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8.7: Communication

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    How do monkeys communicate?

    You won't find a monkey texting a friend. They make noises. They make faces. They even use scents to pass along a message. Just because monkeys don't talk like you and me doesn't mean that they don't communicate!


    What does the word "communication" make you think of? Talking on a cell phone? Texting? Writing? Those are just a few of the ways in which human beings communicate. Most other animals also communicate. Communication is any way in which animals share information, and they do this in many different ways.

    Do all animals talk to each other? Probably not, but many do communicate. Like human beings, many other animals live together in groups. Some insects, including ants and bees, are well known for living in groups. In order for animals to live together in groups, they must be able to communicate with each other.

    Animal communication, like most other animal behaviors, increases the ability to survive and have offspring. This is known as fitness. Communication increases fitness by helping animals find food, defend themselves from predators, mate, and care for offspring.

    Communication with Sound

    Some animals communicate with sound. Most birds communicate this way. Birds use different calls to warn other birds of danger, or to tell them to flock together. Many other animals also use sound to communicate. For example, monkeys use warning cries to tell other monkeys in their troop that a predator is near. Frogs croak to attract female frogs as mates. Gibbons use calls to tell other gibbons to stay away from their area.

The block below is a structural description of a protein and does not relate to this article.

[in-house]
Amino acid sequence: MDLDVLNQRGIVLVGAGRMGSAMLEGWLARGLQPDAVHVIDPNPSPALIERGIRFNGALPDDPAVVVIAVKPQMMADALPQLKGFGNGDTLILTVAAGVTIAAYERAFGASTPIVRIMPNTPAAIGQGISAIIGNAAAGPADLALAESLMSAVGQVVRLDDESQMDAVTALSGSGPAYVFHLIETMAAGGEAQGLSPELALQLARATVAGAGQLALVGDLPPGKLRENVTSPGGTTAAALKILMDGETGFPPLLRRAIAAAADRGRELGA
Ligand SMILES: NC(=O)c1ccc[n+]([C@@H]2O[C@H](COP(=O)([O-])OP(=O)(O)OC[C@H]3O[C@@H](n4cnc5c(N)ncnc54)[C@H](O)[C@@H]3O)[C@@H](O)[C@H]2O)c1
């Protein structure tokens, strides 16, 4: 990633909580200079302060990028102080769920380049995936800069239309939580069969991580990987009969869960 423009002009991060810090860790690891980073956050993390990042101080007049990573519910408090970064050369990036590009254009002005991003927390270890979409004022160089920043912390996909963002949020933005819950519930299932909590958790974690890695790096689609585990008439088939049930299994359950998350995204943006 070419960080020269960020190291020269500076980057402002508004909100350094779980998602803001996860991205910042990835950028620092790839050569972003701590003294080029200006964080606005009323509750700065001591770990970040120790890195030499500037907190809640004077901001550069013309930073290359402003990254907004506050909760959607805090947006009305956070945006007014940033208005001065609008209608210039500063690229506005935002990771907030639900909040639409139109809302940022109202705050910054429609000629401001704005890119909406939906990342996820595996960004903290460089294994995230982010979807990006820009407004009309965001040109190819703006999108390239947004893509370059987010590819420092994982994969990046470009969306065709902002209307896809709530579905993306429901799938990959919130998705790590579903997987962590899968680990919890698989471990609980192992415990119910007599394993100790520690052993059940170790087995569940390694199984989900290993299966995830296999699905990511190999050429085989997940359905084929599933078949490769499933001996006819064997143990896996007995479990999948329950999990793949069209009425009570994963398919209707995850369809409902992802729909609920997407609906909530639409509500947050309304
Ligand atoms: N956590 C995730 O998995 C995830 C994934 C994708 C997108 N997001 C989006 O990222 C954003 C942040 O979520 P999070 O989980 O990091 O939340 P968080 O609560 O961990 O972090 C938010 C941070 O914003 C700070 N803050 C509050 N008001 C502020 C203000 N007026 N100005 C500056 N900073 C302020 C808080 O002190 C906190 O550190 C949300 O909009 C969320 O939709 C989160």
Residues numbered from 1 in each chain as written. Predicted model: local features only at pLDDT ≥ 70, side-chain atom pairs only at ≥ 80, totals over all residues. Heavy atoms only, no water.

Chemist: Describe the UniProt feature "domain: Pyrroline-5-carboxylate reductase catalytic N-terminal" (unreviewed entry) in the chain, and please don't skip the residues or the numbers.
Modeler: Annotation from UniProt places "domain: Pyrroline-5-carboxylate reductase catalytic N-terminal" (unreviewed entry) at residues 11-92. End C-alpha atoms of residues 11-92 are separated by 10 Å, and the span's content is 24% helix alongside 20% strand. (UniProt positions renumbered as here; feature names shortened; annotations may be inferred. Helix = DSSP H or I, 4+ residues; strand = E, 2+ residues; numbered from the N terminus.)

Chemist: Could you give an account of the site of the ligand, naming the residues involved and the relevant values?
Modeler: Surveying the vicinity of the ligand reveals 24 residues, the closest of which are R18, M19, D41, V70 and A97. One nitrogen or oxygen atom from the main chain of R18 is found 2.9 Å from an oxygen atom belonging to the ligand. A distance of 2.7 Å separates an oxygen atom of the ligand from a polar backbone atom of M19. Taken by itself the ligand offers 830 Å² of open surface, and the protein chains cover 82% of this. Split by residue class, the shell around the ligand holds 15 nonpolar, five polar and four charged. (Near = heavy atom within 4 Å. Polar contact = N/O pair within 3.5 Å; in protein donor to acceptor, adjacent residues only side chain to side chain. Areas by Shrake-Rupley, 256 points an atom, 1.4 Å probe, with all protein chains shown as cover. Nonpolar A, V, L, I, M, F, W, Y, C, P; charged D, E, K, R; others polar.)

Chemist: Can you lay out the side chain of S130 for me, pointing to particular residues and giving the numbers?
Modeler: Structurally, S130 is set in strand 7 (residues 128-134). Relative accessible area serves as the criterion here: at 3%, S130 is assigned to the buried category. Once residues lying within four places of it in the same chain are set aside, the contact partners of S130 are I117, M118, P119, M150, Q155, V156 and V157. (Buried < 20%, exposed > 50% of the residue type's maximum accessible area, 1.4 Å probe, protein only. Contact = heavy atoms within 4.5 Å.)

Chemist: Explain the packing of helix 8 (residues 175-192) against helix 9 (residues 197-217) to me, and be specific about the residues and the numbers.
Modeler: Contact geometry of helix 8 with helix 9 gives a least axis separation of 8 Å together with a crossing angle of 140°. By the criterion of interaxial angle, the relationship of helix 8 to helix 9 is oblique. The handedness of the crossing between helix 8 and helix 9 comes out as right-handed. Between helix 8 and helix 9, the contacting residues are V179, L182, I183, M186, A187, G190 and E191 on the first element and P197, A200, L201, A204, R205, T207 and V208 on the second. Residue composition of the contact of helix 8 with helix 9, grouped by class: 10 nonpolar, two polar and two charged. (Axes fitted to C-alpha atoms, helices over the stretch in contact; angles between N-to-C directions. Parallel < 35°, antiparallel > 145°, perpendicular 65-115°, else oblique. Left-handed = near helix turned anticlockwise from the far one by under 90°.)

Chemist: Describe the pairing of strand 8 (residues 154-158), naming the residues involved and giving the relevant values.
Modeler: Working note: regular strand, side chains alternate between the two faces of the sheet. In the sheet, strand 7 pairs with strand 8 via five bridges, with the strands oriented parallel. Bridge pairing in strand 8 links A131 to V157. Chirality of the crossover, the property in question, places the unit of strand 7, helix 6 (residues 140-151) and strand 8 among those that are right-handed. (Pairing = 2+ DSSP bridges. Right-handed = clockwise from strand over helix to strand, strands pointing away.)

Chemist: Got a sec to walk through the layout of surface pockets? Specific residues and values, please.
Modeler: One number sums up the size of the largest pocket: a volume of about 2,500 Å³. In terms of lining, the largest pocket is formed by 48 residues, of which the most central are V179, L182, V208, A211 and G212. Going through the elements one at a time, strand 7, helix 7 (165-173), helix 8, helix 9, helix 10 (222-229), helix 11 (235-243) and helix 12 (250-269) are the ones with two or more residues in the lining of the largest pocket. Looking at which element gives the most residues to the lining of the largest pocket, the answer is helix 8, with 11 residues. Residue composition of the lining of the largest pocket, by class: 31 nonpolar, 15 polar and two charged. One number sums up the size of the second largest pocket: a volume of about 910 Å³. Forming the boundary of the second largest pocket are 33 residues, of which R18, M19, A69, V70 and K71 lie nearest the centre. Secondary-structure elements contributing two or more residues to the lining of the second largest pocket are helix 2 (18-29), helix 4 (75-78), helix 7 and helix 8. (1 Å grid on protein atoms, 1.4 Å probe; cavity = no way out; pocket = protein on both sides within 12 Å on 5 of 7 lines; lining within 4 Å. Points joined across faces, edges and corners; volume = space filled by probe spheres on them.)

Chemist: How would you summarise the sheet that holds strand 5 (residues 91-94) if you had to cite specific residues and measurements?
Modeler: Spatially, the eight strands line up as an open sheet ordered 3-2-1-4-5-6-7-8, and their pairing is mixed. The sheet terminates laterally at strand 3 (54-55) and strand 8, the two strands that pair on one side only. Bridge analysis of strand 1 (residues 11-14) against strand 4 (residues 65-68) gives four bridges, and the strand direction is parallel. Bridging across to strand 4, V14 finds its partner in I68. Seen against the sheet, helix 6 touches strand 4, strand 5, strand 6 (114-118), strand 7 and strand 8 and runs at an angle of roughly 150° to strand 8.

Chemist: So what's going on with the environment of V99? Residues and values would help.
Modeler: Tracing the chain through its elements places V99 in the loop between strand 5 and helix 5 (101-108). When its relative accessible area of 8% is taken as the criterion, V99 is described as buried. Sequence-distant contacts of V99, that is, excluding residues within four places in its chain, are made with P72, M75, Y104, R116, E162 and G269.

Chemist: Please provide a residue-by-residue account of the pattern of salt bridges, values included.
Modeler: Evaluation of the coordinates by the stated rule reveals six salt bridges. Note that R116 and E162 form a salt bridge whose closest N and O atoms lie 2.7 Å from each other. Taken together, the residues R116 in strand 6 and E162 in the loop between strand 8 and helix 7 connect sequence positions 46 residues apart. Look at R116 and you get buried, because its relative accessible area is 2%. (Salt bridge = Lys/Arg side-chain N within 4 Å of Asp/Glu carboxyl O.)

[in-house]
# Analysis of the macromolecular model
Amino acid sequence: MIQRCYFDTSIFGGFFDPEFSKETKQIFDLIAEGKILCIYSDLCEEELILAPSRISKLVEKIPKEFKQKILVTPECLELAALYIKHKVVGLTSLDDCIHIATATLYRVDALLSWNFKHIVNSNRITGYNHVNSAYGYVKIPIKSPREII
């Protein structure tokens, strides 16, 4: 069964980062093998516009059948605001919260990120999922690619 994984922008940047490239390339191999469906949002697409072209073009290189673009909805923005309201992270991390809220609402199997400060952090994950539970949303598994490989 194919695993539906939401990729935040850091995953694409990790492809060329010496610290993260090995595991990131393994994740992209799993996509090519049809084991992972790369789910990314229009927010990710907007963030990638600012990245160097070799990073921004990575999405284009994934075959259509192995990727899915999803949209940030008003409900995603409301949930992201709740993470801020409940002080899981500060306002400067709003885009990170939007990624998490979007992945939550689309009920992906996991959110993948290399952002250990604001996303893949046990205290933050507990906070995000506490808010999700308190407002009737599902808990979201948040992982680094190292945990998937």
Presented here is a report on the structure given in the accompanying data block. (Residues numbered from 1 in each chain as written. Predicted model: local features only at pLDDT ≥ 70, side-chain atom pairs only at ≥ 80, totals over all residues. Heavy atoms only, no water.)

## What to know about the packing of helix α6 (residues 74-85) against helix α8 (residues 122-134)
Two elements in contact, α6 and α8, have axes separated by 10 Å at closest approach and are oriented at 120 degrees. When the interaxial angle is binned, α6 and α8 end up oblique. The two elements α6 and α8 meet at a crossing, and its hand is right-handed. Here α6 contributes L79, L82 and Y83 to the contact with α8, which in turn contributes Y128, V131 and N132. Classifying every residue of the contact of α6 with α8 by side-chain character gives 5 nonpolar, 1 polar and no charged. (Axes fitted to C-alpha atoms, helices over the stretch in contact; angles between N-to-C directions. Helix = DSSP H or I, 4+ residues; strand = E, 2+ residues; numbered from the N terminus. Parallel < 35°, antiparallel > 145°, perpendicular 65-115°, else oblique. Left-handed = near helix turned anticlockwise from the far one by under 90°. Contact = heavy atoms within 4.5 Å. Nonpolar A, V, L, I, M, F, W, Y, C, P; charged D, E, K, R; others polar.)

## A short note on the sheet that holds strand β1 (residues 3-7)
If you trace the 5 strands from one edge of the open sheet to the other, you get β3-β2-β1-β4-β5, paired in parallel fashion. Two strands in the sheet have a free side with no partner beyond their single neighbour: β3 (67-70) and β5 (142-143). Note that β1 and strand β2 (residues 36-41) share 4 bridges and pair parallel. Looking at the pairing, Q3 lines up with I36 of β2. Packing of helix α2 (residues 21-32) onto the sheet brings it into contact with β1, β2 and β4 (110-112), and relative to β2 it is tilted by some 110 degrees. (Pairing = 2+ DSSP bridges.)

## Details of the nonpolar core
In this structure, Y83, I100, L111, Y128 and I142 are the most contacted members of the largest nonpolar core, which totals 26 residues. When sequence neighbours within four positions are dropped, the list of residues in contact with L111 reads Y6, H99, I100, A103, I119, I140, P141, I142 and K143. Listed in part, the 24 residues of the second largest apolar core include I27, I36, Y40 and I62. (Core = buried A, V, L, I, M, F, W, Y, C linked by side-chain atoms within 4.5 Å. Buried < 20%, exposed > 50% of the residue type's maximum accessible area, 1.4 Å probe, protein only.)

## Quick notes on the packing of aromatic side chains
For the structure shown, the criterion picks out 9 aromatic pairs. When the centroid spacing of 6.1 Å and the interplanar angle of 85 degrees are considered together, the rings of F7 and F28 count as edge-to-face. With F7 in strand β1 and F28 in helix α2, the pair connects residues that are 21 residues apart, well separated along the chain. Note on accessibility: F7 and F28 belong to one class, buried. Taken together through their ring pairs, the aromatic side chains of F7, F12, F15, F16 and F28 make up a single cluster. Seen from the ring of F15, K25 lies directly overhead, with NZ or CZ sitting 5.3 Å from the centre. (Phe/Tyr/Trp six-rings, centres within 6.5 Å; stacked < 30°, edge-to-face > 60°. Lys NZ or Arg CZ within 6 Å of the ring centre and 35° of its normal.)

Communication with Sight

    Another way some animals communicate is with sight. By moving in certain ways or by “making faces,” they show other animals what they mean. Most primates communicate in this way. For example, a male chimpanzee may raise his arms and stare at another male chimpanzee. This warns the other chimpanzee to keep his distance. The chimpanzee pictured below may look like he is smiling, but he is really showing fear (Figure below). He is communicating to other chimpanzees that he will not challenge them.

    Chimpanzee showing a fear grin
    Figure \(\PageIndex{1}\): This chimpanzee is communicating with his face. His expression is called a “fear grin.” It tells other chimpanzees that he is not a threat.

    Look at the peacock pictured below (Figure below). Why is he raising his beautiful tail feathers? He is also communicating. He is showing females of his species that he would be a good mate.

    A peacock using his tail feathers to communicate
    Figure \(\PageIndex{2}\): This peacock is using his tail feathers to communicate. What is he "saying"?

    Communication with Scent